Working consumes most of our waking life. From childhood through early adulthood, we work hard as students year after year, then we are busy building a career and earning a living. Finally, we retire, and work hard just to survive, to keep body and mind together, and to push away the boredom and isolation of old age. In mundane life there is not much time for anything other than work and sleep.
If we use our work life as a tool for healing, we can transform our lives into an emotional and spiritual gold mine. Here’s how:
* We can transform our lives into a spiritual gold mine by cultivating a peaceful center in ourselves in every situation our work presents.
* Whatever we do – office work, gardening, carpentry, painting, or writing – we can use the work as an expression of our peaceful inner nature. Try to find work that is naturally interesting to you, but also try to be interested in any work that you do.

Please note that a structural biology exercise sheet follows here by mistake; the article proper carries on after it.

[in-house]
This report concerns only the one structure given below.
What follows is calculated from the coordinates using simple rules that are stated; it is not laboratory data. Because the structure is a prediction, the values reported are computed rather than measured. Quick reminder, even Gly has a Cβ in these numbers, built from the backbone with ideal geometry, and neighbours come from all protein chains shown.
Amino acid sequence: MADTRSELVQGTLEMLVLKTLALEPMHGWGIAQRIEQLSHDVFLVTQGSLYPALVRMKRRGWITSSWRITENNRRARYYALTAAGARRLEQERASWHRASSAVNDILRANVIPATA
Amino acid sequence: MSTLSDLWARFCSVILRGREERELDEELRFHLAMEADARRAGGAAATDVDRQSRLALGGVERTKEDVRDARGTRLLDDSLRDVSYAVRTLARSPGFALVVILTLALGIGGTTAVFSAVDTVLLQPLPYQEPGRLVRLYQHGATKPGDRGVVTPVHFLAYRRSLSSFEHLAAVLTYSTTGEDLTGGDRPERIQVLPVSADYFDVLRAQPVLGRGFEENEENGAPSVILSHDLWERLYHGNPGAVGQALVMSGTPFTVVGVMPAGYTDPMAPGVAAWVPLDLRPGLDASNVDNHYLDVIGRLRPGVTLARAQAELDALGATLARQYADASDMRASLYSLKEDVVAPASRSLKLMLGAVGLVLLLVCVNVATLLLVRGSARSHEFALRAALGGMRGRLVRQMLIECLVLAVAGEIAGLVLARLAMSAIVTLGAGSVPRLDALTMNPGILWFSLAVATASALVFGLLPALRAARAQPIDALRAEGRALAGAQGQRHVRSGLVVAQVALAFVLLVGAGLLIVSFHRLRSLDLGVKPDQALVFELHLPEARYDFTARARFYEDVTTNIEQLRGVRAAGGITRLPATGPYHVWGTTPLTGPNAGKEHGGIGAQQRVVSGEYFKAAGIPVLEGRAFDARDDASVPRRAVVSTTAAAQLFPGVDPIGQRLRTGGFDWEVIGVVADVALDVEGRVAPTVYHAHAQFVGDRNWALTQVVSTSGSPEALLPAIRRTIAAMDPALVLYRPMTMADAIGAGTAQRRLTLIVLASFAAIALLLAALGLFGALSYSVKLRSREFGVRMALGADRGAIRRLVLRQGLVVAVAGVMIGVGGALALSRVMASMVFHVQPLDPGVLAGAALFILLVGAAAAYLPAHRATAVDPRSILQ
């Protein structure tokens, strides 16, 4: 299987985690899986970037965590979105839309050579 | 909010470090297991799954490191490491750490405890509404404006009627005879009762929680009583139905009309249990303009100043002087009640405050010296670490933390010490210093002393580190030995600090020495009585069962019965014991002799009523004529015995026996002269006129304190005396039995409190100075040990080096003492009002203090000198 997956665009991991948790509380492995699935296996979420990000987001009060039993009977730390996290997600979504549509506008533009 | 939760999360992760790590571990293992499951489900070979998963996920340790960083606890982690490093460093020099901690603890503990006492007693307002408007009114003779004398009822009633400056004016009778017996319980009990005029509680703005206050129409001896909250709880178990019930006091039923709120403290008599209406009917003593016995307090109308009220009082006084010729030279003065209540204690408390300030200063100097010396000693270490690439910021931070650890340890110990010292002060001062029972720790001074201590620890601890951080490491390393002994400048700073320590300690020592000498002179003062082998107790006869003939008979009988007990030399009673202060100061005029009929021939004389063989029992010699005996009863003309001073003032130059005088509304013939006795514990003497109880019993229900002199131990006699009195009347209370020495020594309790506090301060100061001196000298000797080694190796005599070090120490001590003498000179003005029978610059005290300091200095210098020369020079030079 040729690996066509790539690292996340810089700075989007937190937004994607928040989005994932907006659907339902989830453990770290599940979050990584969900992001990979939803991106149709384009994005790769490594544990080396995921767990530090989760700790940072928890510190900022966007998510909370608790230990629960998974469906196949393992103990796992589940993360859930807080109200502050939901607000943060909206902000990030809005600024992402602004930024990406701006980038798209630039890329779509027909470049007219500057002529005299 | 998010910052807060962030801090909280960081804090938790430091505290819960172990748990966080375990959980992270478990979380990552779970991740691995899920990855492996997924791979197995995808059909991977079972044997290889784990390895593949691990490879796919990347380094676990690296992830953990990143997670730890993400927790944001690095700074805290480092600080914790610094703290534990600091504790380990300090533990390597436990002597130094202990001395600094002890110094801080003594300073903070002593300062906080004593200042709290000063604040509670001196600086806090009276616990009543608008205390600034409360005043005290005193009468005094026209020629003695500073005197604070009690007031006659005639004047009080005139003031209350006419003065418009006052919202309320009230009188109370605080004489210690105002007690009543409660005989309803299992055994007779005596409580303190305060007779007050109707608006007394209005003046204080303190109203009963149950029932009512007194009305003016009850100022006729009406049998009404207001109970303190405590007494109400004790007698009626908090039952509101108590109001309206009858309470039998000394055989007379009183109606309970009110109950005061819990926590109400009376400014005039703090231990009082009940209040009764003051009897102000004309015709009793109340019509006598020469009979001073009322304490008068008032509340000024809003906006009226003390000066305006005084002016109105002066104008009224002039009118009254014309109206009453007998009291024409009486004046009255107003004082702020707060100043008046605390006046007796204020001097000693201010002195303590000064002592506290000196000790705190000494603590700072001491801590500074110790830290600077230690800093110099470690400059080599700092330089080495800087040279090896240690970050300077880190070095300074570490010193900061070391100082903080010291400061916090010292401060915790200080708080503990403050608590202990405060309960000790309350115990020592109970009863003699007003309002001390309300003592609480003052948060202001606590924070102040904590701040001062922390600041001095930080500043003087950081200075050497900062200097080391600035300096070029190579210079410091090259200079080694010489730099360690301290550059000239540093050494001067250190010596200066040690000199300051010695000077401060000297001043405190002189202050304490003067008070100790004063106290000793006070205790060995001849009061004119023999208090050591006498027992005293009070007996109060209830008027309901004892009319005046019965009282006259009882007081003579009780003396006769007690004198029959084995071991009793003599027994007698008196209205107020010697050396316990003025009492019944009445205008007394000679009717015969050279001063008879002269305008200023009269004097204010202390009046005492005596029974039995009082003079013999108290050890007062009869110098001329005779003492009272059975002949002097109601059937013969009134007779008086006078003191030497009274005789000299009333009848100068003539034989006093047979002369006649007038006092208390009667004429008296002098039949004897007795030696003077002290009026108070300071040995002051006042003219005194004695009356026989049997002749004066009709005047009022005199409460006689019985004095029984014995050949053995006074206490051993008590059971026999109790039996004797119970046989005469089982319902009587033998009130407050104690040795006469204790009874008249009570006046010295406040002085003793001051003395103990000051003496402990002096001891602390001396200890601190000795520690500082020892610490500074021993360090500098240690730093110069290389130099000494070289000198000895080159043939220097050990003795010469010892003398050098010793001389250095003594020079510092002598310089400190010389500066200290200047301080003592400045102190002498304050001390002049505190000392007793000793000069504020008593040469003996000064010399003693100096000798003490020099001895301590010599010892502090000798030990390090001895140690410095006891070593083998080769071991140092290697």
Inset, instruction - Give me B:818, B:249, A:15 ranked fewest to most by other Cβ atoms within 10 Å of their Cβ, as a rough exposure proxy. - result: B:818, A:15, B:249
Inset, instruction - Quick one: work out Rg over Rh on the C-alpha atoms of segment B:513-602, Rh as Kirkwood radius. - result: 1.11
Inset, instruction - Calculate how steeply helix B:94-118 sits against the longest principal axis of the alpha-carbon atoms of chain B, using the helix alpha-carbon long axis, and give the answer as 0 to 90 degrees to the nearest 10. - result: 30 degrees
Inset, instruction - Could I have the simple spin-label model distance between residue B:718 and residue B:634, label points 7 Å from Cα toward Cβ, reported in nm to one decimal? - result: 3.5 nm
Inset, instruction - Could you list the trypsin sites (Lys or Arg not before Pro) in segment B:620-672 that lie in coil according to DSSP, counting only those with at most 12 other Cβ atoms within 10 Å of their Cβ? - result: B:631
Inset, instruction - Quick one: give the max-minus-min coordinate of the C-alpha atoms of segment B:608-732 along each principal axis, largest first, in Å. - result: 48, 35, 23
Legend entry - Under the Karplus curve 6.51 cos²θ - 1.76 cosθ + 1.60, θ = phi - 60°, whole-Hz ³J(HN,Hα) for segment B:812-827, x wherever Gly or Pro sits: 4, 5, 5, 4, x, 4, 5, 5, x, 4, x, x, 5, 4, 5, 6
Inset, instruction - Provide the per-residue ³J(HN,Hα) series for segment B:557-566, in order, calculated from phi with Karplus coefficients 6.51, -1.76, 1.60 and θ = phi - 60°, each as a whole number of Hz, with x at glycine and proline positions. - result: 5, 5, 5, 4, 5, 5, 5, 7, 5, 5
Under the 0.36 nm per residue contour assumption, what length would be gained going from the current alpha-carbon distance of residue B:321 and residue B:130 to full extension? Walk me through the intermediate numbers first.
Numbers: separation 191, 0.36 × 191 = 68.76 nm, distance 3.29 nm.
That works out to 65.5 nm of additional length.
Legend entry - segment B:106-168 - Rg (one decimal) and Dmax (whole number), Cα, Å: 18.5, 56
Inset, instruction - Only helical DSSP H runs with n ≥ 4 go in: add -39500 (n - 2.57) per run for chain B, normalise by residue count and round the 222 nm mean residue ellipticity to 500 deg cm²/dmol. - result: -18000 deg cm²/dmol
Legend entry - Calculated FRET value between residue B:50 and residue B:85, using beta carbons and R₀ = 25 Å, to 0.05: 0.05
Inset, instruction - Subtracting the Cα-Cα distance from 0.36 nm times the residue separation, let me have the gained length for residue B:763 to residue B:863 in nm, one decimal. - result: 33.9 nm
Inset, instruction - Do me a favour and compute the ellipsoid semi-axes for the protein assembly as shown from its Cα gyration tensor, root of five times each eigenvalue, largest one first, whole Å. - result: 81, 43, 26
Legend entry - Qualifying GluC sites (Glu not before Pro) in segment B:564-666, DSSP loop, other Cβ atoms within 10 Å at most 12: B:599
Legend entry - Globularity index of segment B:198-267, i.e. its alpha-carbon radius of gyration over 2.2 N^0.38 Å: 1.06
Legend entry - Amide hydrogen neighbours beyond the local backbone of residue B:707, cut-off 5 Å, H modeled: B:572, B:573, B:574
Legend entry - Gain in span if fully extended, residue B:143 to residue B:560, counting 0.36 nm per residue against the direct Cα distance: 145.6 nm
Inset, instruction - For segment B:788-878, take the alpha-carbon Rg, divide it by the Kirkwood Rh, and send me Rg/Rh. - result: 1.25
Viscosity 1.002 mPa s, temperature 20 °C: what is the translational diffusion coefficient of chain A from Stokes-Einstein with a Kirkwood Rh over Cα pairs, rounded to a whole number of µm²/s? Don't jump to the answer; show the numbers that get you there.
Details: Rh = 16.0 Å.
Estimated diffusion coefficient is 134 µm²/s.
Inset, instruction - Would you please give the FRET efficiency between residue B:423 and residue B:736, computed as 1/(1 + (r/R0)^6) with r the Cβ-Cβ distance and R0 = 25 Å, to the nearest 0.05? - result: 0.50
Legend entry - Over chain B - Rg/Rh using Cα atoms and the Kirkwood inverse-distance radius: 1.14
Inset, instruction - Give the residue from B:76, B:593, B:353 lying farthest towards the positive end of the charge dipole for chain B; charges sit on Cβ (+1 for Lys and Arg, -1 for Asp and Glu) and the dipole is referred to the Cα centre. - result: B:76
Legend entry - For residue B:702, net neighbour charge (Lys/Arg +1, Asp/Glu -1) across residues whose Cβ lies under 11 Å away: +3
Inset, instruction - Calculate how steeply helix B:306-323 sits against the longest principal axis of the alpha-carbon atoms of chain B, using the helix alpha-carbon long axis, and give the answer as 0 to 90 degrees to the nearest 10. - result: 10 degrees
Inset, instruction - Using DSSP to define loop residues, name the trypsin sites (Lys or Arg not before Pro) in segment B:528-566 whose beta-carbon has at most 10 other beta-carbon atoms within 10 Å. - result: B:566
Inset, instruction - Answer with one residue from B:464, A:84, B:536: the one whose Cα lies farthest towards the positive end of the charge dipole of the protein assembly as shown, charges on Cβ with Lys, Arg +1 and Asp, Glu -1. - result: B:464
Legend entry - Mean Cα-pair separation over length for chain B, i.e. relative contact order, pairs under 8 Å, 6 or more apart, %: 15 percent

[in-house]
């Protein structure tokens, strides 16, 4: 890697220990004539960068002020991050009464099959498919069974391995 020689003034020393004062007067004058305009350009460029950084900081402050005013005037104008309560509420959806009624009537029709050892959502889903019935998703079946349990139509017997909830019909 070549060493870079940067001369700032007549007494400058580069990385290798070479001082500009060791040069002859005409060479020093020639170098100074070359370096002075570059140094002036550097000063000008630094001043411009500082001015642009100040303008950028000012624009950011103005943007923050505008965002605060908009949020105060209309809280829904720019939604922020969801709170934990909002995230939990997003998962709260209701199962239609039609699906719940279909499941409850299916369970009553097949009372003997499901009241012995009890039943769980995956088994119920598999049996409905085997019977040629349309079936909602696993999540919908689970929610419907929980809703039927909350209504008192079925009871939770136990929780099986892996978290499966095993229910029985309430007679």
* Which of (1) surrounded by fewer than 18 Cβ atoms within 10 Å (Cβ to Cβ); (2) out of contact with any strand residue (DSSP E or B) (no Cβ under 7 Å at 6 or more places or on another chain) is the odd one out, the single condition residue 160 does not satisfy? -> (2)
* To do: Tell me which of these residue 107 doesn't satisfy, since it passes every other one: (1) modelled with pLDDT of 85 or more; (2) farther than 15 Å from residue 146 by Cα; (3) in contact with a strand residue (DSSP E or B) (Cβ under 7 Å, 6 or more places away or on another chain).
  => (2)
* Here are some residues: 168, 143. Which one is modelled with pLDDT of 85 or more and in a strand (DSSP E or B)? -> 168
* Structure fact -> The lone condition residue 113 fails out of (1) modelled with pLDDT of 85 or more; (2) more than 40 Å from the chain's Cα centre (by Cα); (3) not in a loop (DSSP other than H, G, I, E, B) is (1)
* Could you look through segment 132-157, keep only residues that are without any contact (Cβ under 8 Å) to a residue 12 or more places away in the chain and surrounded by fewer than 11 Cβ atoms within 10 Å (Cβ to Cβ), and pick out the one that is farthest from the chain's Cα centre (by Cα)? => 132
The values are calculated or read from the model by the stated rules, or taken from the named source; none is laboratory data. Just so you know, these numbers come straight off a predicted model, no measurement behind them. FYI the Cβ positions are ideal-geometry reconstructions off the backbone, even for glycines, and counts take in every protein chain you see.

* When work is going well, enjoy and celebrate it mindfully. When we feel bored or frustrated, we can bring calm and mindfulness to this too. See all of work as likable, or at least find something likable about it.
* Enjoy the people you come in contact with, be glad and satisfied at problems being solved.
* Try to view the struggle of work as a positive challenge, and the negative experiences as an exercise in tolerance and letting go.
* If we feel trapped by a particular situation, we can tell ourselves: “There’s no place else I’d rather be. I like it right here.” By saying this with conviction, our spacious nature can open up.
* Attitudes such as compassion, and skillful means such as meditation on light, are not intended as airy theories. We can bring them right into our work. In particular, the attitude of openness, as experienced upon awakening or receiving blessings in the morning can be the foundation for all our working day. With openness, every situation can merge into spiritual experiences, like snowflakes falling into the ocean.
Adapted from The Healing Power of Mind, by Tulku Thondup (Shambhala, 1996). Copyright (c) 1996 by Tulku Thondup. Reprinted by permission of Shambhala.
Adapted from The Healing Power of Mind, by Tulku Thondup (Shambhala, 1996).